We boldface not only that key provision in subsection C but also two key terms from the two other subsections because they reiterate what should already be universally acknowledged: every road user has a duty to regard the safety of other users according to their mode of transport, taking into account the vulnerability of pedestrians and riders; and a duty to behave prudently when behind the wheel or in the saddle. Ask any rider and they will tell you those softer standards are wholly missing on our roads today.

What Is the Penalty?

The law identifies two sanctions for drivers violating the Three Feet for Safety Act:

(e) (1) A violation of subdivision (b), (c), or (d) is an infraction punishable by a fine of thirty–five dollars ($35). (2) If a collision occurs between a motor vehicle and a bicycle causing bodily injury to the operator of the bicycle, and the driver of the motor vehicle is found to be in violation of subdivision (b), (c), or (d), a two–hundred–twenty–dollar ($220) fine shall be imposed on that driver.

So violators face a $35 fine. At first blush that seems not very much. (Running a stop sign sets you back $350 plus court costs in CA.) Should the rider be injured, however, the driver would be looking at only a $220 fine. Now that may not sound like much if you’ve been rear ended and sent to the hospital by a drunken or careless driver. And we’re sure it’s not going to pay your medical bills if the driver weasels out of culpability.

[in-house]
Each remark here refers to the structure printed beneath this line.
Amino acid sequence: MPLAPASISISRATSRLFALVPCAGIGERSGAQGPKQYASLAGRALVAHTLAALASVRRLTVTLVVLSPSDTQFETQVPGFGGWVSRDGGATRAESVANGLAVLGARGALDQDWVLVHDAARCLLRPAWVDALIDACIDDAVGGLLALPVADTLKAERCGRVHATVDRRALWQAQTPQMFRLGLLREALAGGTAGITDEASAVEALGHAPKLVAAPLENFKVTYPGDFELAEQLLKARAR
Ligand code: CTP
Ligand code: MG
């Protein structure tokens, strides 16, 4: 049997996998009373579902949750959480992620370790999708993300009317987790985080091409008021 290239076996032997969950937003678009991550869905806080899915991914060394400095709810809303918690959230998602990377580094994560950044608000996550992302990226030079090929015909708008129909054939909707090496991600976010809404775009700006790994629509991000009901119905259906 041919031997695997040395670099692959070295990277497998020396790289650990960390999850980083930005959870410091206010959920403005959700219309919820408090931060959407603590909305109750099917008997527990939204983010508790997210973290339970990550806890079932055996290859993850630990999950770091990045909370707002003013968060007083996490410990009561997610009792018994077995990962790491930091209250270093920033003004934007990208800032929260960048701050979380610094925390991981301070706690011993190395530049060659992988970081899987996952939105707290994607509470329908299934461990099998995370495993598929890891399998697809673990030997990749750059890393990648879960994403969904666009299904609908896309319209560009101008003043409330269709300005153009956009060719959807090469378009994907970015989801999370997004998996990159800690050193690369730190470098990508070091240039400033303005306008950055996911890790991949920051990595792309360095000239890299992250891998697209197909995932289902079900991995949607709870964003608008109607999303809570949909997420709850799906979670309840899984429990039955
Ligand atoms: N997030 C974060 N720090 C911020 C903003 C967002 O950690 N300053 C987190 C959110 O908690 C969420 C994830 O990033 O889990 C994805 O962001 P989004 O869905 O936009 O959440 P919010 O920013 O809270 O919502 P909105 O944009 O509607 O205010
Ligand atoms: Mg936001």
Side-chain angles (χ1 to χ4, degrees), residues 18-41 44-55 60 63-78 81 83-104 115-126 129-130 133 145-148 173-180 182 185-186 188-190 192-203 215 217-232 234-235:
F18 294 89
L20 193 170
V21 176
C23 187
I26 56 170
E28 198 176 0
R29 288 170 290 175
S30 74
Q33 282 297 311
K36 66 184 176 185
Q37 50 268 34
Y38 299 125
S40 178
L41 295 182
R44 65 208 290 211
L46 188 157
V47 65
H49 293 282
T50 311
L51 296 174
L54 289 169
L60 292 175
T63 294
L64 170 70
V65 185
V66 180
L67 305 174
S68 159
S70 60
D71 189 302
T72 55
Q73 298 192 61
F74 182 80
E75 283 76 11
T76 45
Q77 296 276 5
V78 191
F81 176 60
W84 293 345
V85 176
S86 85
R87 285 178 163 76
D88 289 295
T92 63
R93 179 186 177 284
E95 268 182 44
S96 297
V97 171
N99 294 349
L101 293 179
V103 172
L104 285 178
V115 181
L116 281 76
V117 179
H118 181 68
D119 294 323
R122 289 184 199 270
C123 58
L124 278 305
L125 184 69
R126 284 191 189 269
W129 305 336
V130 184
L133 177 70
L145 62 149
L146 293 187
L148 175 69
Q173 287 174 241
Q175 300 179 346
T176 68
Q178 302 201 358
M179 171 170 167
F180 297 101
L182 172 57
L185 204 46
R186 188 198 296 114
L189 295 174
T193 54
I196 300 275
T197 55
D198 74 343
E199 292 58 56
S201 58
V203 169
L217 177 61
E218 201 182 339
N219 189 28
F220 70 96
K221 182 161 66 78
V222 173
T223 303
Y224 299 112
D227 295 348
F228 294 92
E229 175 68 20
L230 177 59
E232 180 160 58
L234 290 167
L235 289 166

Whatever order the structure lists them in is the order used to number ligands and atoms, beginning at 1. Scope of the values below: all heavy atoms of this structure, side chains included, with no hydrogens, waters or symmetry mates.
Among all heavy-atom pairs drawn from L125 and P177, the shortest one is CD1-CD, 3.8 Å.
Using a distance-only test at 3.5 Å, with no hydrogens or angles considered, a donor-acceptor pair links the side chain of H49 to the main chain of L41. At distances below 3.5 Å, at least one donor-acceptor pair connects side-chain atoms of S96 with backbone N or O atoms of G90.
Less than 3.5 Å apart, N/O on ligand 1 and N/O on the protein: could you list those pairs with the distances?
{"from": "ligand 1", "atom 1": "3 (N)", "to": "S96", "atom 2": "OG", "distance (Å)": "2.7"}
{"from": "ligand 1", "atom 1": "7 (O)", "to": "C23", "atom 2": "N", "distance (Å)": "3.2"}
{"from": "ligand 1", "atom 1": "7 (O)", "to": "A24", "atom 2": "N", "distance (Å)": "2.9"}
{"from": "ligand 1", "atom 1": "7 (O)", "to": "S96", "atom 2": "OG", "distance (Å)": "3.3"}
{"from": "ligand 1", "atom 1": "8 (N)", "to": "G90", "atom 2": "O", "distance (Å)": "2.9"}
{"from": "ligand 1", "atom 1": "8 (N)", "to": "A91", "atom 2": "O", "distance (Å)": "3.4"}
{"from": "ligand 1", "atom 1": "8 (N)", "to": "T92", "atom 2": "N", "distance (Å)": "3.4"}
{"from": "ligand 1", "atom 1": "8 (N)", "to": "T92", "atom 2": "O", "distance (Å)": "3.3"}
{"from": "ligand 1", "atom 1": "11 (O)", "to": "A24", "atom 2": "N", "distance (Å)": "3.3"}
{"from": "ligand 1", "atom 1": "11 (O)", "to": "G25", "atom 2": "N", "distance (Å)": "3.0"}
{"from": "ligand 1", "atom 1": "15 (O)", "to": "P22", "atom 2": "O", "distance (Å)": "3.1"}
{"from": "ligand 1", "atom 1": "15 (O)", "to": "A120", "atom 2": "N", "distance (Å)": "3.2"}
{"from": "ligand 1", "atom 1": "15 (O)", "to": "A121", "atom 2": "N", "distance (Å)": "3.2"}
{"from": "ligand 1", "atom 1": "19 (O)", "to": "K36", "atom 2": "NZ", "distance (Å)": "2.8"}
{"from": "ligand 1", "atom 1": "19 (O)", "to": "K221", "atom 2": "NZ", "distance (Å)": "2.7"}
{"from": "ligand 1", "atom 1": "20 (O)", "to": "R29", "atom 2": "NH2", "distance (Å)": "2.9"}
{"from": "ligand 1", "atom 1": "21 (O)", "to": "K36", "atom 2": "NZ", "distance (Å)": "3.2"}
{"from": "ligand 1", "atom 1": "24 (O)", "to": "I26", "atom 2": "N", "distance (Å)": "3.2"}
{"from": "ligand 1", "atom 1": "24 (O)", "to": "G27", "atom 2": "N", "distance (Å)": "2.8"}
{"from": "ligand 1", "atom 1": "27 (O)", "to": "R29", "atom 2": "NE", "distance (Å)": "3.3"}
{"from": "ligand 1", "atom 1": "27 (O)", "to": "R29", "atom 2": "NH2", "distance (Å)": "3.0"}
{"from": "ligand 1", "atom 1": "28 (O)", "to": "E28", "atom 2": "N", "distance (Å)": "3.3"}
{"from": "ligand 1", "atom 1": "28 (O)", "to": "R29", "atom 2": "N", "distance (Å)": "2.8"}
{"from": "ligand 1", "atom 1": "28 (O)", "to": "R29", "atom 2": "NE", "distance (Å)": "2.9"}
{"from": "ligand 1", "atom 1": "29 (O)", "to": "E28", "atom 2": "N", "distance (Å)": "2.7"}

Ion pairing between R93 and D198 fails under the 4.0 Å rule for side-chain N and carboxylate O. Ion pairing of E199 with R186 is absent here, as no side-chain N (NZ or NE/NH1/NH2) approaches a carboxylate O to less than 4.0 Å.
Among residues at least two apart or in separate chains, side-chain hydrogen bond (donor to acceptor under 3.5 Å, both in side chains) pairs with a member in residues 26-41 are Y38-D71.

But the law is significant because it’s a stake in the ground: these new infractions give the rider a toehold in the courts where too often the most vulnerable road users get short shrift in a motor-minded society where, as Ted Rogers of Biking In LA notes, death by motor vehicle is often an excusable offense.

We would be nowhere without the tireless support and political arm-twisting of the California Bicycle Coalition and it’s lobbyists. (Unfortunately, that’s how the sausage is often made in Sacramento. Not for nothing was it vetoed twice.) Consider pledging your support to Calbike for their great work.

And the hard work doesn’t end with passage of this law. We have to educate all road users about the vulnerability of non-motor travelers. Excerpted from the Calbike page:

From day one of the long campaign for the Three Feet for Safety Act we realized that the key benefit of the bill was education. CalBike’s Three Feet for Safety Outreach Plan has three components and we need your help. The California Bicycle Coalition will provide media packets to our affiliates so that they can take advantage of media interest in the issue and educate motorists in their communities….Do you have a car? Get a bumper sticker or a window cling…. [And] CalBike is working with the California Traffic Control Devices Committee to get a sign approved as soon as the law goes into effect so that local agencies can install them wherever they’re needed.